Beinwil Abbey was founded in 1085, probably by the local nobility. After conflicts arising from the territorial claims of the towns of Solothurn and Basle against the Counts of Thierstein, who acted as the abbey's Vögte (lords protectors), it was burnt down in 1445. After Beinwil had been taken over by Solothurn in 1519, the town authorities impounded much of the abbey's possessions.
By the 16th century only a few monks were left in the abbey, and it was formally dissolved in 1554. A small community remained, the care of which was assumed firstly by Einsiedeln Abbey, in 1589, and then, from 1622, by Rheinau Abbey. As no monastic revival could be achieved in the remoteness of its situation, it was decided to re-settle the community at Mariastein Abbey, a new foundation in a pilgrimage centre, which took place in 1648. In anticipation of this, Mariastein became a member of the Swiss Congregation, now part of the Benedictine Confederation. From Mariastein, at the end of the 18th century, it was at length possible to revive Beinwil, and at that time the church and the monastic premises were rebuilt.
The abbey was however suppressed in 1874 by plebiscite during the Kulturkampf, and the community of Mariastein went into exile.
The abbey church, dedicated to Saint Vincent of Saragossa was destroyed by fire in 1978. It has now been comprehensively restored and a high altar has been installed, dated about 1700, from Bellwald. Today the former abbey is used as an ecumenical conference and retreat centre.References:
Tyniec Benedictine abbey was founded by King Casimir the Restorer probably around 1044. Casimir decided to rebuild the newly established Kingdom of Poland, after a Pagan rebellion and a disastrous Czech raid of Duke Bretislaus I (1039). The Benedictines, invited to Tyniec by the King, were tasked with restoring order as well as cementing the position of the State and the Church. First Tyniec Abbot was Aaron, who became the Bishop of Kraków. Since there is no conclusive evidence to support the foundation date as 1040, some historians claim that the abbey was founded by Casimir the Restorer’ son, King Boleslaw II the Generous.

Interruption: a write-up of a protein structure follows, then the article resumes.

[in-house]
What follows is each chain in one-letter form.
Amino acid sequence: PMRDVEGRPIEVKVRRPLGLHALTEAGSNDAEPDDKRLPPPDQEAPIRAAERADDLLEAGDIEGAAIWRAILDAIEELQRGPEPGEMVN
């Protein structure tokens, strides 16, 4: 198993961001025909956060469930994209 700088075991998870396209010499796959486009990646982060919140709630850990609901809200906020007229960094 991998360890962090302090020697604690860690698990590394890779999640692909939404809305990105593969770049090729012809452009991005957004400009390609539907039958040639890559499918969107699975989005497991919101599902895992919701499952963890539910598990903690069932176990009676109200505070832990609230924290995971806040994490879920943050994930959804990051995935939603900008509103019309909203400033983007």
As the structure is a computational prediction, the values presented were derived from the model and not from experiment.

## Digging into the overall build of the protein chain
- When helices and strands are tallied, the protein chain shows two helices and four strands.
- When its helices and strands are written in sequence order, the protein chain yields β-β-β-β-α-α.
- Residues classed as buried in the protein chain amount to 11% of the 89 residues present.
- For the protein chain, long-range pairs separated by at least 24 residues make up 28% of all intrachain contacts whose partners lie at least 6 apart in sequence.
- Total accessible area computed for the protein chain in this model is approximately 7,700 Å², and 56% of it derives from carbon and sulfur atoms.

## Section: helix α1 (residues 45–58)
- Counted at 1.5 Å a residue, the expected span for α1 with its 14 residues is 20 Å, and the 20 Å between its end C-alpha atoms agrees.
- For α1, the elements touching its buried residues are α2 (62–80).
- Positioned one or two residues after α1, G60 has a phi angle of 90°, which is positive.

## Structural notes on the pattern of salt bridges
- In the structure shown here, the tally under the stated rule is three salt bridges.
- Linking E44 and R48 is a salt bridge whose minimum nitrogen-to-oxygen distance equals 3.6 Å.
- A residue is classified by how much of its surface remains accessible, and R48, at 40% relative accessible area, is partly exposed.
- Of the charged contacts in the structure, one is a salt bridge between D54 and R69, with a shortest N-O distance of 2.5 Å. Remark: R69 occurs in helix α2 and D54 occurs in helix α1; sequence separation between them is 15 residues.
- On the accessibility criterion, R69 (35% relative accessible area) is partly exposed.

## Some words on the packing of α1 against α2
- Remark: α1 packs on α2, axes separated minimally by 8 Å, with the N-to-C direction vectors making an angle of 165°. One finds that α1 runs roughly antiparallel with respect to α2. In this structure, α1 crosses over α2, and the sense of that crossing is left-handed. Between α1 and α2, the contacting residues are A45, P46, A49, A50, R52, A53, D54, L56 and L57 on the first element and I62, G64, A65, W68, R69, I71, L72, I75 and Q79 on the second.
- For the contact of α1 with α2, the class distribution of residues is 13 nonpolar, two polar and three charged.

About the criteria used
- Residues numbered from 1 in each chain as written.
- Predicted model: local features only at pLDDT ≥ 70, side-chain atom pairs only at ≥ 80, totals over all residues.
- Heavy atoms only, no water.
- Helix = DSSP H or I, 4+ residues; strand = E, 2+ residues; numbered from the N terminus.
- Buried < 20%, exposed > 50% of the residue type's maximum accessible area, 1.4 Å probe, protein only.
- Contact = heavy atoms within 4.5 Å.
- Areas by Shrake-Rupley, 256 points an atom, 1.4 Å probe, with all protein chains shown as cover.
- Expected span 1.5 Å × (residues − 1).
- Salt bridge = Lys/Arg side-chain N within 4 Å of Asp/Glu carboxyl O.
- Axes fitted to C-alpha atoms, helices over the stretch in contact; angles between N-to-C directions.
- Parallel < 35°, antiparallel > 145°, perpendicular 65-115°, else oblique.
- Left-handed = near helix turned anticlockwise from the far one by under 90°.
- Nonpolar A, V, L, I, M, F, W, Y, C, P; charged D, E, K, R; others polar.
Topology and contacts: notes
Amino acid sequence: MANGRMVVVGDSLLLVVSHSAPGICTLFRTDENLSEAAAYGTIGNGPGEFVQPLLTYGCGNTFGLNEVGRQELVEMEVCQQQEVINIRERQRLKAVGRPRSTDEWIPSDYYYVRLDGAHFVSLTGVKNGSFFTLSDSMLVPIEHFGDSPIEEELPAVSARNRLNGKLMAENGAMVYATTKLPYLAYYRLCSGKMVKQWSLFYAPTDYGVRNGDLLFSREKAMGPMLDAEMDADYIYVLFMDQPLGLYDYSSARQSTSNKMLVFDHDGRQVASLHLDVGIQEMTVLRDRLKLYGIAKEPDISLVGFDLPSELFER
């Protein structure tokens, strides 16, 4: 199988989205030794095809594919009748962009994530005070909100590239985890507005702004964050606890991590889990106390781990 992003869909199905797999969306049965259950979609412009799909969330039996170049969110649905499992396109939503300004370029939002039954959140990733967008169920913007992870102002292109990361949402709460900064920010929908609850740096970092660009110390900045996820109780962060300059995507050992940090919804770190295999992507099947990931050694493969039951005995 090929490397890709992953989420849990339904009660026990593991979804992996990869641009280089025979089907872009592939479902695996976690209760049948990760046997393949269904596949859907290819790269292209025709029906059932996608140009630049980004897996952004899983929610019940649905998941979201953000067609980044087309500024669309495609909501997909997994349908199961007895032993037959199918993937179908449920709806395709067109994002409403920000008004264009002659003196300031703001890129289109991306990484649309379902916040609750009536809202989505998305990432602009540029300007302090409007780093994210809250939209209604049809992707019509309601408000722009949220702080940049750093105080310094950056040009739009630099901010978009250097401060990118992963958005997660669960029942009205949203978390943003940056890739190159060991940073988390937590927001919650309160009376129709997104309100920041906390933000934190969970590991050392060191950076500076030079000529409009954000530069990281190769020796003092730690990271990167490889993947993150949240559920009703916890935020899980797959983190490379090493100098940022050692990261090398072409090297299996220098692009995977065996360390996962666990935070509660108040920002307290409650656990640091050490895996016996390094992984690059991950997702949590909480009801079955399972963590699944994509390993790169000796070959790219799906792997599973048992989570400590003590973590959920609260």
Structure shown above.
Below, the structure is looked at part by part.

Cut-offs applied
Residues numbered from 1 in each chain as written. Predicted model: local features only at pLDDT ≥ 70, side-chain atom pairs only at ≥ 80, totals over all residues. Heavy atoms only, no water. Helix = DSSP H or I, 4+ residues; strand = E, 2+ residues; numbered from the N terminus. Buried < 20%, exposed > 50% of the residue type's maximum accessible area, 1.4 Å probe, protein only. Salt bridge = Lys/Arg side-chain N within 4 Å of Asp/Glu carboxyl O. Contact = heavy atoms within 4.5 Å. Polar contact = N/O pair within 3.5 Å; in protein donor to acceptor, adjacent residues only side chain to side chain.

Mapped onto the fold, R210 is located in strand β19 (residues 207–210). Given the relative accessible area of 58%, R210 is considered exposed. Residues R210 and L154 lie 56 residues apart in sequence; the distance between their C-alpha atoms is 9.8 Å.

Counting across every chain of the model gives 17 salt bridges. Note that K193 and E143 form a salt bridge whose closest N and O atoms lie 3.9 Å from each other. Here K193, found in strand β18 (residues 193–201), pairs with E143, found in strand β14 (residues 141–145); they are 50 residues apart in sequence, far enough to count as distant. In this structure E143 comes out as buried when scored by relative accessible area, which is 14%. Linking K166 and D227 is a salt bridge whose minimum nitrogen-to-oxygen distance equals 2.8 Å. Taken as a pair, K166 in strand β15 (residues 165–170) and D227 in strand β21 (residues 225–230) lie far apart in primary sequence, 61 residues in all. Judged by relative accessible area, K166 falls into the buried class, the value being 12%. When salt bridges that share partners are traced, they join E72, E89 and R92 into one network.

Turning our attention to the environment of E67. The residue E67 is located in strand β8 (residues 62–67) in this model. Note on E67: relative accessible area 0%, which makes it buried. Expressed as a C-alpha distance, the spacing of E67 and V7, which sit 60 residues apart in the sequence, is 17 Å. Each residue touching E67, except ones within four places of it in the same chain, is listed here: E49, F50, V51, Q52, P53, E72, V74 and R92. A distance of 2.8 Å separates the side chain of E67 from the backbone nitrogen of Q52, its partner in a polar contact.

In the second half of the 11th century, a complex of Romanesque buildings was completed, consisting of a basilica and the abbey. In the 14th century, it was destroyed in Tatar and Czech raids, and in the 15th century it was rebuilt in Gothic style. Further remodelings took place in the 17th and 18th centuries, first in Baroque, then in Rococo style. The abbey was partly destroyed in the Swedish invasion of Poland, and soon afterwards was rebuilt, with a new library. Further destruction took place during the Bar Confederation, when Polish rebels turned the abbey into their fortress.
In 1816, Austrian authorities liquidated the abbey, and in 1821-1826, it was the seat of the Bishop of Tyniec, Grzegorz Tomasz Ziegler. The monks, however, did not return to the abbey until 1939, and in 1947, remodelling of the neglected complex was initiated. In 1968, the Church of St. Peter and Paul was once again named the seat of the abbot. The church itself consists of a Gothic presbytery and a Baroque main nave. Several altars were created by an 18th-century Italian sculptor Francesco Placidi. The church also has a late Baroque pulpit by Franciszek Jozef Mangoldt.